Orthodontic Angle Classifications: Understanding Class I, Class II, and Class III
Orthodontic angle classifications are used to describe the relationship between the upper and lower teeth and jaws. These classifications are based on the measurements of the angles and positions of the teeth and jaws relative to each other. There are three primary classifications: Class I, Class II, and Class III. Each classification has its own specific characteristics and treatment considerations. In this blog post, we will explore each of these classifications in more detail.
Class I Occlusion
Class I occlusion is also known as normal occlusion. This is the ideal alignment of the upper and lower teeth, where the upper teeth slightly overlap the lower teeth. In Class I malocclusion, the upper molars fit into the grooves of the lower molars, and the upper and lower jaws are in proper alignment.
Class II Malocclusion
Class II malocclusion is characterized by an overbite or retrognathism. This means that the upper teeth and jaw protrude further forward than the lower teeth and jaw. Class II malocclusion is further divided into two subcategories: Class II division 1 and Class II division 2.
Class II Division 1:
In this type of malocclusion, the upper teeth and jaw protrude significantly forward and the lower teeth and jaw are positioned further back. The horizontal overbite, i.e. the distance between the upper and lower teeth, is greater than normal in this classification compared to Class I. This is also reflected in the molar and canine relationship.
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Class II Division 2:
In this type of malocclusion, the upper jaw and incisors are positioned further forward than the mandible. The central incisors in the upper jaw compensate for the horizontal overbite by being retroclined, just as the lateral incisors are often proclined.
As in class II deviation 1, the mandibular front is most often over-erupted, as there is no incisal stop in maximum intercuspidation (MIP)
Class III Malocclusion
Class III malocclusion is characterised by underbite or prognathism. This means that the lower teeth and jaw are positioned further forward than the upper teeth and upper jaw. This can create a bite where the anterior teeth of the lower jaw are positioned in front of the anterior teeth of the upper jaw. Class III malocclusions are often associated with a discrepancy in jaw size, where the lower jaw is larger than the upper jaw, called a skeletal discrepancy.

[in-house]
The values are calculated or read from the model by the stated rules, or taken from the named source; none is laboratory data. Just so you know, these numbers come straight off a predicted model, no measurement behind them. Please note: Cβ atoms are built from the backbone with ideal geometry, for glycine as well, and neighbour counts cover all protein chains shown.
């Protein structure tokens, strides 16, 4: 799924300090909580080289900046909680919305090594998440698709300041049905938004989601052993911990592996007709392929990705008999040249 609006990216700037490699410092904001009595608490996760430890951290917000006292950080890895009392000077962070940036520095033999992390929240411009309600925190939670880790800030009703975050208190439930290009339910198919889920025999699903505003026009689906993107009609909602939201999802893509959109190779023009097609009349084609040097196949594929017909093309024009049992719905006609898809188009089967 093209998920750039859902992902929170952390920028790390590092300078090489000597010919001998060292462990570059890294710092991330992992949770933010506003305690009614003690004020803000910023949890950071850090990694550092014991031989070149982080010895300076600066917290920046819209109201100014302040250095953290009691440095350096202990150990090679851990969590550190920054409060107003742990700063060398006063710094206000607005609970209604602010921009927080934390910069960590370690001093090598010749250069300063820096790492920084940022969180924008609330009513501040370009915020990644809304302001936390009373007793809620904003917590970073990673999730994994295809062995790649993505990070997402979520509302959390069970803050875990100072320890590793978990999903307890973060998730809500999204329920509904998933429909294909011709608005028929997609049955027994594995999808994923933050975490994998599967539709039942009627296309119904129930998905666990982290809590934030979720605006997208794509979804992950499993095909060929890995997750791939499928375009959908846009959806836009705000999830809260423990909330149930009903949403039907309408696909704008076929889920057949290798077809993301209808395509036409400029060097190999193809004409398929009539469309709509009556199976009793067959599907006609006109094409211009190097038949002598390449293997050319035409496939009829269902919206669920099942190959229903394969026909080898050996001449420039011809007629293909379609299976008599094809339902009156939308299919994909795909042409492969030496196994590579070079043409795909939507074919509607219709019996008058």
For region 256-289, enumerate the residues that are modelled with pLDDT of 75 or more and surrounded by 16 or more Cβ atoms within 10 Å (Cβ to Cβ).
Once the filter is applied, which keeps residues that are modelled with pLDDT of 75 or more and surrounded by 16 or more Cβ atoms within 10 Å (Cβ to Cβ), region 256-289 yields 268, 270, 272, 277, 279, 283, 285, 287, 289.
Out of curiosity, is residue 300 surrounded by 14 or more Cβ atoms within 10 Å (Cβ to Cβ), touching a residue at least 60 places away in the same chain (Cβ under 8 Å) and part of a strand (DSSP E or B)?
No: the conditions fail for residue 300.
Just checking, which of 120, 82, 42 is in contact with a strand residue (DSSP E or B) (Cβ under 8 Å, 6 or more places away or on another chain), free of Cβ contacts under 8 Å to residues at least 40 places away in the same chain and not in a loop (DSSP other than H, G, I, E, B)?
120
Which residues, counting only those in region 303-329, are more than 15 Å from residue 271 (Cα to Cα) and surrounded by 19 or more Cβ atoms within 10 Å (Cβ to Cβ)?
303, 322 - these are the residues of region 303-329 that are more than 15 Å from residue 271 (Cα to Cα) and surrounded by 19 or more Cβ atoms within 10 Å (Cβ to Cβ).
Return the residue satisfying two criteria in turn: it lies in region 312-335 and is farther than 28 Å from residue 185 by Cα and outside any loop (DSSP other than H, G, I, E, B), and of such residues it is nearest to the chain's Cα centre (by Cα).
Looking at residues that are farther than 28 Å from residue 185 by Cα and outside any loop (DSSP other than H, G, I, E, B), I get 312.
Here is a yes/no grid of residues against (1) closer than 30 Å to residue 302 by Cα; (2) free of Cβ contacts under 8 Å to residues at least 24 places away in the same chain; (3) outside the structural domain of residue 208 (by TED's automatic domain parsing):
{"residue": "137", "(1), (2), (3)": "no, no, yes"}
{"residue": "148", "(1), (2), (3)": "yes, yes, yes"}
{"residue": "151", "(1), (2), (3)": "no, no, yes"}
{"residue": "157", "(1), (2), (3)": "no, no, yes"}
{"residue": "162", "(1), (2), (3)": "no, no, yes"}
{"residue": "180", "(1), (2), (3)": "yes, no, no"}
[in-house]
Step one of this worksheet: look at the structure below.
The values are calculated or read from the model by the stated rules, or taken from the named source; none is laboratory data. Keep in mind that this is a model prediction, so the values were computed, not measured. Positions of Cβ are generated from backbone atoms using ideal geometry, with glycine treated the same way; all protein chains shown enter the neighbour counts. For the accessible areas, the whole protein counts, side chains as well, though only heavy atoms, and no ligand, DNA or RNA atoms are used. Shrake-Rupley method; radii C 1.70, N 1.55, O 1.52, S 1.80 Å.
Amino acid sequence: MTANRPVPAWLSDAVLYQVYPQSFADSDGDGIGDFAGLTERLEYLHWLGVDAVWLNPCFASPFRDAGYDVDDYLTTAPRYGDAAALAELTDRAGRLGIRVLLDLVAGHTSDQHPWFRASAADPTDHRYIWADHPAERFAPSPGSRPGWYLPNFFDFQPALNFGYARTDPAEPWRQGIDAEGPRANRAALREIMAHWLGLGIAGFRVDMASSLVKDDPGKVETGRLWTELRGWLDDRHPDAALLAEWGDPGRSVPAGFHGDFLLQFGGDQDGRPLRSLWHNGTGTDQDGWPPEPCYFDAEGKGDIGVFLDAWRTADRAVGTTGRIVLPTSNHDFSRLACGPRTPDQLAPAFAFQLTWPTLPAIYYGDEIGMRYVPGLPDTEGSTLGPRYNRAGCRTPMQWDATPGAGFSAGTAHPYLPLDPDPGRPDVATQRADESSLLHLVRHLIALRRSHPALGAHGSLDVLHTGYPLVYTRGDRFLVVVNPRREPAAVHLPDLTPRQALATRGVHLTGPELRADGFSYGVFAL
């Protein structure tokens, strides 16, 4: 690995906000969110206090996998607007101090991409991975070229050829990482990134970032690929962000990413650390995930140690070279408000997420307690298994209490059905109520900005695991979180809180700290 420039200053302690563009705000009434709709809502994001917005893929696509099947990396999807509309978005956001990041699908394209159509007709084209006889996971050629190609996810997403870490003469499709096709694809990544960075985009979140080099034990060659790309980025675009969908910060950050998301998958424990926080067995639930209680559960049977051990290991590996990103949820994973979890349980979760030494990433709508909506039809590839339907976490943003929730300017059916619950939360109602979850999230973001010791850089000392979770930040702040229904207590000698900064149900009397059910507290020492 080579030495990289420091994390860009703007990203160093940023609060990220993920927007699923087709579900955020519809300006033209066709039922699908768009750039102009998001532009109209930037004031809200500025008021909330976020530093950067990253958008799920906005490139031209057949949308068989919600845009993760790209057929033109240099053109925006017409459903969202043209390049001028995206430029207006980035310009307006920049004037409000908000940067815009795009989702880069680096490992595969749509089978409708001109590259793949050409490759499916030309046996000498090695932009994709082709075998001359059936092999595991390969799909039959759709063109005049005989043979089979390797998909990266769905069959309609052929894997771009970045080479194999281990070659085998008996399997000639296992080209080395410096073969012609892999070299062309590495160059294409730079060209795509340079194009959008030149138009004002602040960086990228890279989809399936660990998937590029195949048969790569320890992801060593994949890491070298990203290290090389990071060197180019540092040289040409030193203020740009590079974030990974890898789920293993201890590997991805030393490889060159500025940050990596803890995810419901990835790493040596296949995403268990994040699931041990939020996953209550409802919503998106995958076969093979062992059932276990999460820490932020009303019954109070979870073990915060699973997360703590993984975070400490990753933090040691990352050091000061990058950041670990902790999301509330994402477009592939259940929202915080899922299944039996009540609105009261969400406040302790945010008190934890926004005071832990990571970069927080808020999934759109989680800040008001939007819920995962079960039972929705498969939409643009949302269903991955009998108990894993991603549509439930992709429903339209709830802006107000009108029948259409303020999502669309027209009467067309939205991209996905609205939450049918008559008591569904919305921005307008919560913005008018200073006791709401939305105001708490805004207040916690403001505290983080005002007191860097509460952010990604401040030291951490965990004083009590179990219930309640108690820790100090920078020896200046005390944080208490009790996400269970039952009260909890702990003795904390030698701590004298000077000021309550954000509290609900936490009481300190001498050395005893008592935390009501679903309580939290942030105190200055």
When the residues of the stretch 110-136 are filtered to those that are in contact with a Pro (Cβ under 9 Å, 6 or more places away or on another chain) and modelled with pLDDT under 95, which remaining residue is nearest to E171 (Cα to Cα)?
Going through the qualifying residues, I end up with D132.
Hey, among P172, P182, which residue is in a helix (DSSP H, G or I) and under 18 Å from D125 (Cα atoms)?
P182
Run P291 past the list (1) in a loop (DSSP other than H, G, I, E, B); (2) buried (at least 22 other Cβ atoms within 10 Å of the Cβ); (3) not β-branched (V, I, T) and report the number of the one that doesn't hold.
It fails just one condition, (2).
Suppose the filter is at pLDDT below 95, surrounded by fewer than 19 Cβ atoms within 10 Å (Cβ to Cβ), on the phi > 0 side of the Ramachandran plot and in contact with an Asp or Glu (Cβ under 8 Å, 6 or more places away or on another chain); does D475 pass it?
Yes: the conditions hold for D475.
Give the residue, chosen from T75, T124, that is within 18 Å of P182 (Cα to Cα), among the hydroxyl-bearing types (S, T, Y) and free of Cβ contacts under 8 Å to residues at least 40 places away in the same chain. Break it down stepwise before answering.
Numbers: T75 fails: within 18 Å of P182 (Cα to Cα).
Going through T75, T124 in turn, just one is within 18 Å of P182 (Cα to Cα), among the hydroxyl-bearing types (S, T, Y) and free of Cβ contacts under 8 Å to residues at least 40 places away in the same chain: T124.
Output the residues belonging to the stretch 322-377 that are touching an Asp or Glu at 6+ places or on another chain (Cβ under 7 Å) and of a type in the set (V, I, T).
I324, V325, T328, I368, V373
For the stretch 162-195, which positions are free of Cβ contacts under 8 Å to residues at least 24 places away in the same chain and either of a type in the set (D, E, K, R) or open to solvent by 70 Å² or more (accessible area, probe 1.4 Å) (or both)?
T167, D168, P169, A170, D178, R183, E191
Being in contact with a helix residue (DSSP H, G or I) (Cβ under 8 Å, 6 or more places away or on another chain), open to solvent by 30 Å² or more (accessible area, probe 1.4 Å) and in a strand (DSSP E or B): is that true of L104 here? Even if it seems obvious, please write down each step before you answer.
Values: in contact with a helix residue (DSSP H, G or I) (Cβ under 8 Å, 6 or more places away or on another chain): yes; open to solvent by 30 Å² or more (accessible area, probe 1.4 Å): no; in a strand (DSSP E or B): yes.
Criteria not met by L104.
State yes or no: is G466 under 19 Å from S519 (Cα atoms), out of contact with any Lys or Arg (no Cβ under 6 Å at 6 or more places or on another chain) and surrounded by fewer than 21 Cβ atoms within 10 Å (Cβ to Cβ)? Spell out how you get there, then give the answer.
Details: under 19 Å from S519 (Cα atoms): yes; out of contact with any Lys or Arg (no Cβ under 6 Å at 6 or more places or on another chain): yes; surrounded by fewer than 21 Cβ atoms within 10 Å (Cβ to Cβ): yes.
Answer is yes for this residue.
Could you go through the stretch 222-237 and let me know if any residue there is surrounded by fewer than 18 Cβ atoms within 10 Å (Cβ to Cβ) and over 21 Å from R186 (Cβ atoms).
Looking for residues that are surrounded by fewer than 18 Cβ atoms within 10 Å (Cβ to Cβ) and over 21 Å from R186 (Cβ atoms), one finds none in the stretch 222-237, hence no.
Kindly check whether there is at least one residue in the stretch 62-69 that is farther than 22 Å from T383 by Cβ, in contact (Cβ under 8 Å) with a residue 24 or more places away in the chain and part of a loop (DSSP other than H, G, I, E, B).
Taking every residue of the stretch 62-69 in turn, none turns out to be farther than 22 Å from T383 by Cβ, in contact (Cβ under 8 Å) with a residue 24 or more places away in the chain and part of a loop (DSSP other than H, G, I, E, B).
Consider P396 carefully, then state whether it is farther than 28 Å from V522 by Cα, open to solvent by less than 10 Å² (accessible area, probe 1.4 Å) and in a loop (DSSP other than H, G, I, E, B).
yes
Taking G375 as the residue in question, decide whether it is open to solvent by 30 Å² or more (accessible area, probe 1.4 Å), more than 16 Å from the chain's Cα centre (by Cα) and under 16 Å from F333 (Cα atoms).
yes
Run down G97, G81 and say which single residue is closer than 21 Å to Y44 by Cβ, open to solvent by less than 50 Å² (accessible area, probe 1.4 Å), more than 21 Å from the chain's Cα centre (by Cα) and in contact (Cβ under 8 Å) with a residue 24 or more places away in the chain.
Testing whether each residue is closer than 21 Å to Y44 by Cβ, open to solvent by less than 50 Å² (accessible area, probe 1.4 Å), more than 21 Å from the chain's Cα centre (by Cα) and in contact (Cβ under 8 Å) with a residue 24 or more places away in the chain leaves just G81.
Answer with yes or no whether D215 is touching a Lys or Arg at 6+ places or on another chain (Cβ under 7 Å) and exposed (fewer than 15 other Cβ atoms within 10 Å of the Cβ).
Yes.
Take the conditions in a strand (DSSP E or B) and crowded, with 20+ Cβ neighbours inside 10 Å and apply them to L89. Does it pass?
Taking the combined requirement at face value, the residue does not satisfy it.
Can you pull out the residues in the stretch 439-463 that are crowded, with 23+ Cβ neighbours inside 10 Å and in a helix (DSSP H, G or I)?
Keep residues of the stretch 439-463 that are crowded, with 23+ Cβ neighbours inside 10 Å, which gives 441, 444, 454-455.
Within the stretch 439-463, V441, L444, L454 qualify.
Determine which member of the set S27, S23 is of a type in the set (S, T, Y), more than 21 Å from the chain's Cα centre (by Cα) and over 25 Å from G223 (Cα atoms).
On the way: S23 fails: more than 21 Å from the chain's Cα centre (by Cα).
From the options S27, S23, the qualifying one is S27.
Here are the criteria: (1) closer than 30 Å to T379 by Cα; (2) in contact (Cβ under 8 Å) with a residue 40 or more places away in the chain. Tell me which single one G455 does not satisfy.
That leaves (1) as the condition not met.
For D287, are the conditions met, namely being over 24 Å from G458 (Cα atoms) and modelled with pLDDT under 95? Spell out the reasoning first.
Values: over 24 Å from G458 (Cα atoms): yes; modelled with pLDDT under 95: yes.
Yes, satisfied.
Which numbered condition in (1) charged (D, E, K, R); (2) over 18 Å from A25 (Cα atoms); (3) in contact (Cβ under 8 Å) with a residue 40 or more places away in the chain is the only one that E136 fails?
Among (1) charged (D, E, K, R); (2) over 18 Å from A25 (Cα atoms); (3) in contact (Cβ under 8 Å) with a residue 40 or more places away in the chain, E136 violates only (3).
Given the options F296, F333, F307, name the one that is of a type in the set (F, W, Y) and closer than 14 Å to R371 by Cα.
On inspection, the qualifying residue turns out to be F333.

The treatment for each classification of malocclusion varies depending on the severity and specific characteristics of the case. Class I malocclusions typically do not require orthodontic treatment based on the occlusion in itself. However there may be misaligned teeth that need to be treated with braces or aligners for aesthetic or functional reasons.
Skeletal deviations and impact on the soft tissue
Class II and Class III malocclusions may require more extensive treatment with fixed appliances, with or without surgery. These malocclusions are most commonly seen in patients with skeletal deviations. It should always be considered whether patients with these malocclusions should be treated with or without surgery. This depends on the severity of the malocclusion and the patient's functional occlusion prior to starting treatment.
It is important for dentists to be familiar with the Angle classifications in order to properly diagnose and treat the malocclusion. It is important to note that each classification has an impact on the patient's facial profile and extraoral soft tissues and thus on tongue function, phonetics and aesthetics. All these factors should be taken into account during treatment planning. By understanding the specific characteristics of each classification, dentists can develop a treatment plan tailored to the patient's unique needs.
In conclusion, an understanding of the different orthodontic Angle classifications is an important part of orthodontic treatment planning. Class I, Class II, and Class III malocclusions all have their own specific characteristics and treatment considerations. It is important for dentists to be able to properly diagnose and treat these conditions. With a thorough understanding of these classifications, dentists can help their patients achieve optimal oral health, function and a beautiful smile.
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Many kind regards
Jesper Hatt DDS
Please note that this blog exclusively describes the treatment of adult patients where growth has been completed. Our recommendation is that all paediatric patients and all patients requiring orthognathic surgical treatment are treated by orthodontists. General dentists who treat patients with orthodontic appliances, such as clear aligners, removable appliances or brackets and wires, should at least have extensive training or consult an expert in the field during diagnosis, treatment planning and during the course of treatment.